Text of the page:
Academic Librarians as Knowledge Creators

Donna Witek
Associate Professor and Public Services Librarian
The University of Scranton


Despite support from national organizations like the Association of College and Research Libraries (ACRL) and the American Association of University Professors (AAUP), pursuing research and scholarship remains a challenge for academic librarians, even when the literature connects these activities to greater effectiveness in the practice of academic librarianship. This essay examines the history and present state of the questions of faculty status and tenure for librarians, and relates these questions to that of performing scholarly research and creating and disseminating new knowledge as an academic librarian. It then offers as a case study my experience identifying and pursuing a research agenda in collaboration with a faculty colleague in another department at my institution, with the goal of both sharing what has worked for one academic librarian (n=1) while also critiquing the system within which that success has occurred. The essay concludes with a list of creative strategies academic librarians can put into practice to become successful knowledge creators in the field of library and information science.

Keywords: academic librarians, faculty status, tenure, scholarly publishing, library research, library and information science, collaboration, information literacy, social media



Earlier this year, Meredith Farkas published a post to her blog titled, “On tenure, after three years on the tenure track” (2014, July 23). The post is a critique of tenure for librarians in which Farkas argues that having access to tenure does not guarantee that the experience of producing scholarship will always be an enriching one. The post also addresses faculty status for librarians, which is a separate but related question to that of tenure for librarians—one can have faculty status but not have access to tenure. In Farkas’ experience working both on and off the tenure track, and in both cases with faculty status, she concludes that having faculty status but not tenure is the most supportive and academically free environment for producing scholarship.

And yet, one of the purposes of tenure is to protect academic freedom for those who have received it (1940 Statement of principles, 1990). A possible explanation for the difference between Farkas’ experience and the experience associated with the ideal of tenure is the fact that Farkas’ experience in a tenure-granting academic library is limited to the five- to seven-year probationary period prior to receiving tenure—a period which is typically rigorous in its expectations for scholarly activity, even as each institution defines and situates the idea of “rigor” within the unique culture of each tenure-granting institution. This makes the question of whether tenure for librarians achieves its intended goals of enabling scholarship and protecting academic freedom a complicated one to address, since there is a clear divide between working on the probationary tenure track and having received tenure and the protections it provides.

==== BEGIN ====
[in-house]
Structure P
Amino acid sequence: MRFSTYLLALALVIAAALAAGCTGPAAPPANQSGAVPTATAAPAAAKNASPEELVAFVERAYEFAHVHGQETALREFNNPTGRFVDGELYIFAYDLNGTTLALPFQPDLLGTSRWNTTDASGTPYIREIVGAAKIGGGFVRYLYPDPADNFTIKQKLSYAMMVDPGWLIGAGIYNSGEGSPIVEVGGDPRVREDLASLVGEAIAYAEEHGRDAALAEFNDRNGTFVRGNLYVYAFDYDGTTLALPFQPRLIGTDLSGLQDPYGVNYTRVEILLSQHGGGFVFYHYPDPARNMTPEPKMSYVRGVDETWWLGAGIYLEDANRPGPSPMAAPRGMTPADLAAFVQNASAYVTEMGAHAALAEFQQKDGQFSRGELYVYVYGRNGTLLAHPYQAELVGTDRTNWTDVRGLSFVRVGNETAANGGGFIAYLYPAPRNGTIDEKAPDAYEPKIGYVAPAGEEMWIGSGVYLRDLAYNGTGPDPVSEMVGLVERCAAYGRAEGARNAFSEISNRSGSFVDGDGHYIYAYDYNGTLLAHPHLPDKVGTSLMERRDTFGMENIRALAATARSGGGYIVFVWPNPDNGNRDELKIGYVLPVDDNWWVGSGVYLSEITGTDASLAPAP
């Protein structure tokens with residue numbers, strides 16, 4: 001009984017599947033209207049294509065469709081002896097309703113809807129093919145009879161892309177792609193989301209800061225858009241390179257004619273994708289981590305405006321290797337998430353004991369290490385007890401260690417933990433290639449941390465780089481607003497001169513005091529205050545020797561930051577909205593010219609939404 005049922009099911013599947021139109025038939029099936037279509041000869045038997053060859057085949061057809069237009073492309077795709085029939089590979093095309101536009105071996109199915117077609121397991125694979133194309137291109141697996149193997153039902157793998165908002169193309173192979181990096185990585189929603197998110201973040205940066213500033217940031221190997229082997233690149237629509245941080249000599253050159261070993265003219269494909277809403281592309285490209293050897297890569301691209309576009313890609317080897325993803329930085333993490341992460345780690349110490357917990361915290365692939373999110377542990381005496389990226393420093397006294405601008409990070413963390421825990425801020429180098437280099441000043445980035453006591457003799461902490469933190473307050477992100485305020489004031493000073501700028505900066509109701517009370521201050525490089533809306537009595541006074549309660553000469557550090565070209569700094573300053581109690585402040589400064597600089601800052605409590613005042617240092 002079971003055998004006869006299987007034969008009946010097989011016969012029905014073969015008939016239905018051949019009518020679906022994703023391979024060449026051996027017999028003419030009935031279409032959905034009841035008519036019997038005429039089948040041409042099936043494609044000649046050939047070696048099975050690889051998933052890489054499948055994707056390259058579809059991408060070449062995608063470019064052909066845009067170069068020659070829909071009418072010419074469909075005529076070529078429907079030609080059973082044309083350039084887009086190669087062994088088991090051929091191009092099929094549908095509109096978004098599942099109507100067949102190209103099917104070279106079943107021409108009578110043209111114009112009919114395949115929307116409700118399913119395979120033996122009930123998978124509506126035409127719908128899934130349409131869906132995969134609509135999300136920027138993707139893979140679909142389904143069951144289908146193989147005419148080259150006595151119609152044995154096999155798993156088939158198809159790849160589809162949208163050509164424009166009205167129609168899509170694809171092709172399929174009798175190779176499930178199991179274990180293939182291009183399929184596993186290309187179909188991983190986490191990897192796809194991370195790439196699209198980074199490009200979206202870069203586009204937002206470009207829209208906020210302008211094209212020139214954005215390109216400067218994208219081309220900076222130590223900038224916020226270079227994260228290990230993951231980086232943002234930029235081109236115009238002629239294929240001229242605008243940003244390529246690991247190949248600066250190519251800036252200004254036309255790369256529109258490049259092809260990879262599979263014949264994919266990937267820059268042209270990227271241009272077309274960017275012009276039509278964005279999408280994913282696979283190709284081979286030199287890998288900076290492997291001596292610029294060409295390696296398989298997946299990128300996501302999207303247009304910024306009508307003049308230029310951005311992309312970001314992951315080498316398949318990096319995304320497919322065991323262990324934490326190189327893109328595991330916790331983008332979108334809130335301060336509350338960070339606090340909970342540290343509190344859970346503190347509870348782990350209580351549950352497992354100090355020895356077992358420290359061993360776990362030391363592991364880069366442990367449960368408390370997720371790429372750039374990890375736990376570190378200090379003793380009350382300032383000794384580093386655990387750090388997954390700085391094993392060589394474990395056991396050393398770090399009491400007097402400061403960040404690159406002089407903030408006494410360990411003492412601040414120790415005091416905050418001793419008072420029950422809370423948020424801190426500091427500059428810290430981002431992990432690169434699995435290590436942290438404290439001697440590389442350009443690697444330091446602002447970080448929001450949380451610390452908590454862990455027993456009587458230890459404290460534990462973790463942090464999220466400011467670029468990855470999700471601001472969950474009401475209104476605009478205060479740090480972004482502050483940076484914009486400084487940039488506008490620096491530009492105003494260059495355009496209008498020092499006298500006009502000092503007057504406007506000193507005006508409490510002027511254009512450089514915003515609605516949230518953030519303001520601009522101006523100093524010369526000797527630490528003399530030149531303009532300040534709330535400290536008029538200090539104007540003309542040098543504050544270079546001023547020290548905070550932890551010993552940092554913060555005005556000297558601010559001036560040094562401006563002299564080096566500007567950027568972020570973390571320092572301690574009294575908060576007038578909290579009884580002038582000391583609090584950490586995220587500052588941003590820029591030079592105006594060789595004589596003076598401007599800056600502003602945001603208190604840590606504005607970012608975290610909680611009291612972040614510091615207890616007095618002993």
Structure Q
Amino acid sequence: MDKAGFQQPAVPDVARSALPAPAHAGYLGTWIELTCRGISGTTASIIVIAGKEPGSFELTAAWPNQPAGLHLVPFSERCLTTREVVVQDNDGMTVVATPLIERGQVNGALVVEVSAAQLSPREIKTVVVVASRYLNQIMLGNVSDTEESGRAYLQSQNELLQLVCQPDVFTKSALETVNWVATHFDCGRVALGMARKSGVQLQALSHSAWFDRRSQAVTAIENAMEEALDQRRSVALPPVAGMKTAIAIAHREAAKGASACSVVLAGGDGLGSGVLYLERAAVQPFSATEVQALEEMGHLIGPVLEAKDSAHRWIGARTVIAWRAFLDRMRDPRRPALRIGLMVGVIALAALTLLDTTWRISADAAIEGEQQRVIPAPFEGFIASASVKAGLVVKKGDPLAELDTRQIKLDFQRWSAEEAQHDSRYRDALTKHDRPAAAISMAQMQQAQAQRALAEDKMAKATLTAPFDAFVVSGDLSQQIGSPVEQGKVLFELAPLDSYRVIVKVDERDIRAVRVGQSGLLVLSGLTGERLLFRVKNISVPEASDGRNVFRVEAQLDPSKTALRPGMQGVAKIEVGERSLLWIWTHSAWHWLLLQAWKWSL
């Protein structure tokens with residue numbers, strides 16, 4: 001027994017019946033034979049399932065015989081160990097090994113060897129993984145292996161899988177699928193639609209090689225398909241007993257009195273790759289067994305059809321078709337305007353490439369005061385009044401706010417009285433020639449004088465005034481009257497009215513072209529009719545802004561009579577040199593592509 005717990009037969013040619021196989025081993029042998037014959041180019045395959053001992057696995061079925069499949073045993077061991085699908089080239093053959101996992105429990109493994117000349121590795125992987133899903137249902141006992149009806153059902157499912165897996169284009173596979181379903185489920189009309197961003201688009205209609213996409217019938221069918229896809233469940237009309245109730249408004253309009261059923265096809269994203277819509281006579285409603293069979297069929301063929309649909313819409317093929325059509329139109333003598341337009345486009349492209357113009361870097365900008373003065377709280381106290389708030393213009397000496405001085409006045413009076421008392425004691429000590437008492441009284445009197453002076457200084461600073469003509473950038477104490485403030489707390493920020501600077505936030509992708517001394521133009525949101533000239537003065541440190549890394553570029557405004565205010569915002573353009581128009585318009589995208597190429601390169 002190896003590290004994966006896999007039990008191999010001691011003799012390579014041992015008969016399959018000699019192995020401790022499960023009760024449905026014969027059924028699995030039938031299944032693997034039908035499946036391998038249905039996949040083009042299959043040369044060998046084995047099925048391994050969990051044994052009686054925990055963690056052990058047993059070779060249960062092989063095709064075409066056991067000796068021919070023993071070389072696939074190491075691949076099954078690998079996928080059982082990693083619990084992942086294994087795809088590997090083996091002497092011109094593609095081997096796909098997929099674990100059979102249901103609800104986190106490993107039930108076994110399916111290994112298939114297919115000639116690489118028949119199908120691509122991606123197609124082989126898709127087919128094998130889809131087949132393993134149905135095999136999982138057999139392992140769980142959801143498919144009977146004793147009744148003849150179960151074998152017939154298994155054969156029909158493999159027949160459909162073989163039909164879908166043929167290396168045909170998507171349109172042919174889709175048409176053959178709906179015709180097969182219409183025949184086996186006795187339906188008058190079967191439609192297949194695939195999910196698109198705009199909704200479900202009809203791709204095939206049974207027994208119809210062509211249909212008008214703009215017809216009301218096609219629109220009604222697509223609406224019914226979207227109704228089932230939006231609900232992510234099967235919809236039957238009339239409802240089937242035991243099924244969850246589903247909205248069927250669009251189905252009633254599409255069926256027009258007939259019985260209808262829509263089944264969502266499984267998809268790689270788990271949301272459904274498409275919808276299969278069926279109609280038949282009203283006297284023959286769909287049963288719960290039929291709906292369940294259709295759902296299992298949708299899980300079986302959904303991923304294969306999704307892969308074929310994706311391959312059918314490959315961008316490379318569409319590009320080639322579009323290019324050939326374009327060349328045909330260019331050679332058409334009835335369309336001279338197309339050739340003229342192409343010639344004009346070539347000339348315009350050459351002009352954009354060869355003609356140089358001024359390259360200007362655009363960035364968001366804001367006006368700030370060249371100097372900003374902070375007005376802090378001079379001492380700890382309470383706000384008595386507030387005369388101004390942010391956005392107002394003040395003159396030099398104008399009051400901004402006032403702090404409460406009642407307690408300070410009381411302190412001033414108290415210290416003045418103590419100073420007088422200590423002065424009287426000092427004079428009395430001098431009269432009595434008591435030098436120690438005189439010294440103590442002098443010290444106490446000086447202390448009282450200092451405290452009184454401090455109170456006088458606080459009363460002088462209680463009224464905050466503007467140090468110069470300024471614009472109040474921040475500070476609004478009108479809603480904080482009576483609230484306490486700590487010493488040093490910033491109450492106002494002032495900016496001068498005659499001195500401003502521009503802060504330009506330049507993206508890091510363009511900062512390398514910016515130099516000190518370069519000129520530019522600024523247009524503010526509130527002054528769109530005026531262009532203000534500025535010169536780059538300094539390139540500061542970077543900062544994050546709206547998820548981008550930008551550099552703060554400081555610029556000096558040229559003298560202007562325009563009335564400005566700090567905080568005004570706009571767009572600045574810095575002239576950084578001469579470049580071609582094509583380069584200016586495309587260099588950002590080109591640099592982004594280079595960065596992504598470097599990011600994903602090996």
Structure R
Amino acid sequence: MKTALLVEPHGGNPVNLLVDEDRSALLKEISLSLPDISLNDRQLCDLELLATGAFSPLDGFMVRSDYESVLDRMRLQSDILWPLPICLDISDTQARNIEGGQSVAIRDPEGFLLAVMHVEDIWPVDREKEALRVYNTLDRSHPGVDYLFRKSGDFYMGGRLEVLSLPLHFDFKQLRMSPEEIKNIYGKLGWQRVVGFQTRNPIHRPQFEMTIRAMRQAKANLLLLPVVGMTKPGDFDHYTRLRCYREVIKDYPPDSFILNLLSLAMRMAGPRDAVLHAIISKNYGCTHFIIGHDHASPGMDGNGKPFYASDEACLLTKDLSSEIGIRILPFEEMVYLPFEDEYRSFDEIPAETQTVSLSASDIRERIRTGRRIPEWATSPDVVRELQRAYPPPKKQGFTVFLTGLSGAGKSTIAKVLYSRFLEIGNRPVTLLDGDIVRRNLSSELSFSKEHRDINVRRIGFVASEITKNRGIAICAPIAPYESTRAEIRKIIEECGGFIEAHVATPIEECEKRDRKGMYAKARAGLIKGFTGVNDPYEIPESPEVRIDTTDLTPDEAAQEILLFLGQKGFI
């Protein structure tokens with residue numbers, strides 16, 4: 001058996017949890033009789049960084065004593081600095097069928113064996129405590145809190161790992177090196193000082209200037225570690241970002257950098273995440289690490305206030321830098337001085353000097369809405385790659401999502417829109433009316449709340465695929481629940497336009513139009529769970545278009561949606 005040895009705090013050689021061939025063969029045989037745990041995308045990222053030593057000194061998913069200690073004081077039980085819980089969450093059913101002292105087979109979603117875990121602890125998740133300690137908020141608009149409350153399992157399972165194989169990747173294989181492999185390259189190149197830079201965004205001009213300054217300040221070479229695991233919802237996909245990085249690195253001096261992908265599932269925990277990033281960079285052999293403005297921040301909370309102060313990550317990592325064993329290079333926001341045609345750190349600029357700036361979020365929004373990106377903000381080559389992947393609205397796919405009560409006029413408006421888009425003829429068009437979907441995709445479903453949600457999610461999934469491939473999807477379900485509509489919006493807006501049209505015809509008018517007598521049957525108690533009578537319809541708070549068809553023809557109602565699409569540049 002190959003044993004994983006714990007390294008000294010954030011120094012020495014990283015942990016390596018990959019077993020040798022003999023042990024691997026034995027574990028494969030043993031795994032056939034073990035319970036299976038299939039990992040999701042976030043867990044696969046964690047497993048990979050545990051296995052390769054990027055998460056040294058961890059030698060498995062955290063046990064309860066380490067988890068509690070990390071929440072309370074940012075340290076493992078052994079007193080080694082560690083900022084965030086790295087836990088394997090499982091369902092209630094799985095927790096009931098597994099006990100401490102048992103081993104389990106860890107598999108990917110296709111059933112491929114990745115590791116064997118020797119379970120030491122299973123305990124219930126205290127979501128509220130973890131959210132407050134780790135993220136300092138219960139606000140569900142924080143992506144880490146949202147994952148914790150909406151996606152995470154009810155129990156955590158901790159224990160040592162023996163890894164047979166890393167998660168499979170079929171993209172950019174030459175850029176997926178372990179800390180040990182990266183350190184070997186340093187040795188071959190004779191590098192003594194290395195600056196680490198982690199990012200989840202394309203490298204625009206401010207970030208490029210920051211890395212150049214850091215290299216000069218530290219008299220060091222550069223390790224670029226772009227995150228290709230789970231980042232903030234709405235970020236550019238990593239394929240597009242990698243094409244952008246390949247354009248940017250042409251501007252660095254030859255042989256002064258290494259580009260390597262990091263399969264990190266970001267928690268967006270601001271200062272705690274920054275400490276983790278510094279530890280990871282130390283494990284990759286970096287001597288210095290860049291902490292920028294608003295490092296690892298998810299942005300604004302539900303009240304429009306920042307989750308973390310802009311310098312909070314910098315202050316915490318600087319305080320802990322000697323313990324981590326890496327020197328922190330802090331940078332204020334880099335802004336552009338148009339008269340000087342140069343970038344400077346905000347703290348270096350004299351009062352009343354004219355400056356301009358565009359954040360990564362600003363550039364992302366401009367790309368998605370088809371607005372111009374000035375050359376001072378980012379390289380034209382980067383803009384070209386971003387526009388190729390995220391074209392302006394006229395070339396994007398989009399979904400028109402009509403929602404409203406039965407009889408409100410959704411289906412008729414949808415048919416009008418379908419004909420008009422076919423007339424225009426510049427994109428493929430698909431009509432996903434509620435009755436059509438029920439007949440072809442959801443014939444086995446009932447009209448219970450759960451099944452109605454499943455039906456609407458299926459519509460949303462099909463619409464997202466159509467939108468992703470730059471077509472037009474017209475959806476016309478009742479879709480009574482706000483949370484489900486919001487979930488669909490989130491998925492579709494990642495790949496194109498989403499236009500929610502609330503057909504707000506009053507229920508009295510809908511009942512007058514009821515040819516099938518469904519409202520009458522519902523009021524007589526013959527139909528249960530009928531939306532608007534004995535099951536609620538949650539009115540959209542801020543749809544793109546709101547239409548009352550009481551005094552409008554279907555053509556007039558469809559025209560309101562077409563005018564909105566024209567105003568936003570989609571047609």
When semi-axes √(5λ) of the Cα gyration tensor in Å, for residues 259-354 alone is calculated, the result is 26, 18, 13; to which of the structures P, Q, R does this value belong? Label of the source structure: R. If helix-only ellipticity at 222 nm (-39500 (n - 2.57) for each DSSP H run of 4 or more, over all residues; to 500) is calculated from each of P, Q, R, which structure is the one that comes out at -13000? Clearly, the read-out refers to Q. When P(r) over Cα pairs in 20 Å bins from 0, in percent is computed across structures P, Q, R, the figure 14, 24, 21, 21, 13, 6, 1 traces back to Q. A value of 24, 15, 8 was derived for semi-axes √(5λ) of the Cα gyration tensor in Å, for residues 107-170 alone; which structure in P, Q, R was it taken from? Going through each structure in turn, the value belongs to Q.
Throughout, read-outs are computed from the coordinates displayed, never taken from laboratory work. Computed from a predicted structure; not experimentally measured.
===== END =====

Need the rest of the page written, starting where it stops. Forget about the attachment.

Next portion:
Farkas’ post sparked an online public discussion among academic librarians that sought to explore, parse, and better understand the relationship between tenure, faculty status, and the academic librarian’s ability to produce scholarship in the field (Tenure discussion, Farkas, 2014). There was quite a bit of variation in personal experiences with these related questions, and a surprising lack of systematic research seeking to better understand these questions beyond the personal anecdotes librarians both with and without tenure and/or faculty status offered within the context of this important, complex public discussion.


Despite this apparent lack of systemic evidence, both the library literature and the standards and guidelines of national organizations with stakes in these questions do offer analyses of and perspectives on the academic librarian’s professional role, and how this role relates to both faculty status and tenure on the one hand, and the librarian’s ability to produce scholarship on the other.

A Look at the Literature

The professional association for academic librarians in the United States, the Association of College and Research Libraries (ACRL), first spoke out in support of faculty status for librarians in 1971 (Standards for faculty status for college and university librarians, 1974). The standards adopted by the ACRL membership at that time include a description of the academic librarian as one who “[through] his own research into the information process and through bibliographic and other studies . . . adds to the sum of knowledge in the field of library practice and information science” (p.112). Here is a statement from the ACRL dating back over forty years in which the academic librarian is described as a creator of knowledge; furthermore, this activity of creating knowledge is in turn tied explicitly to faculty status.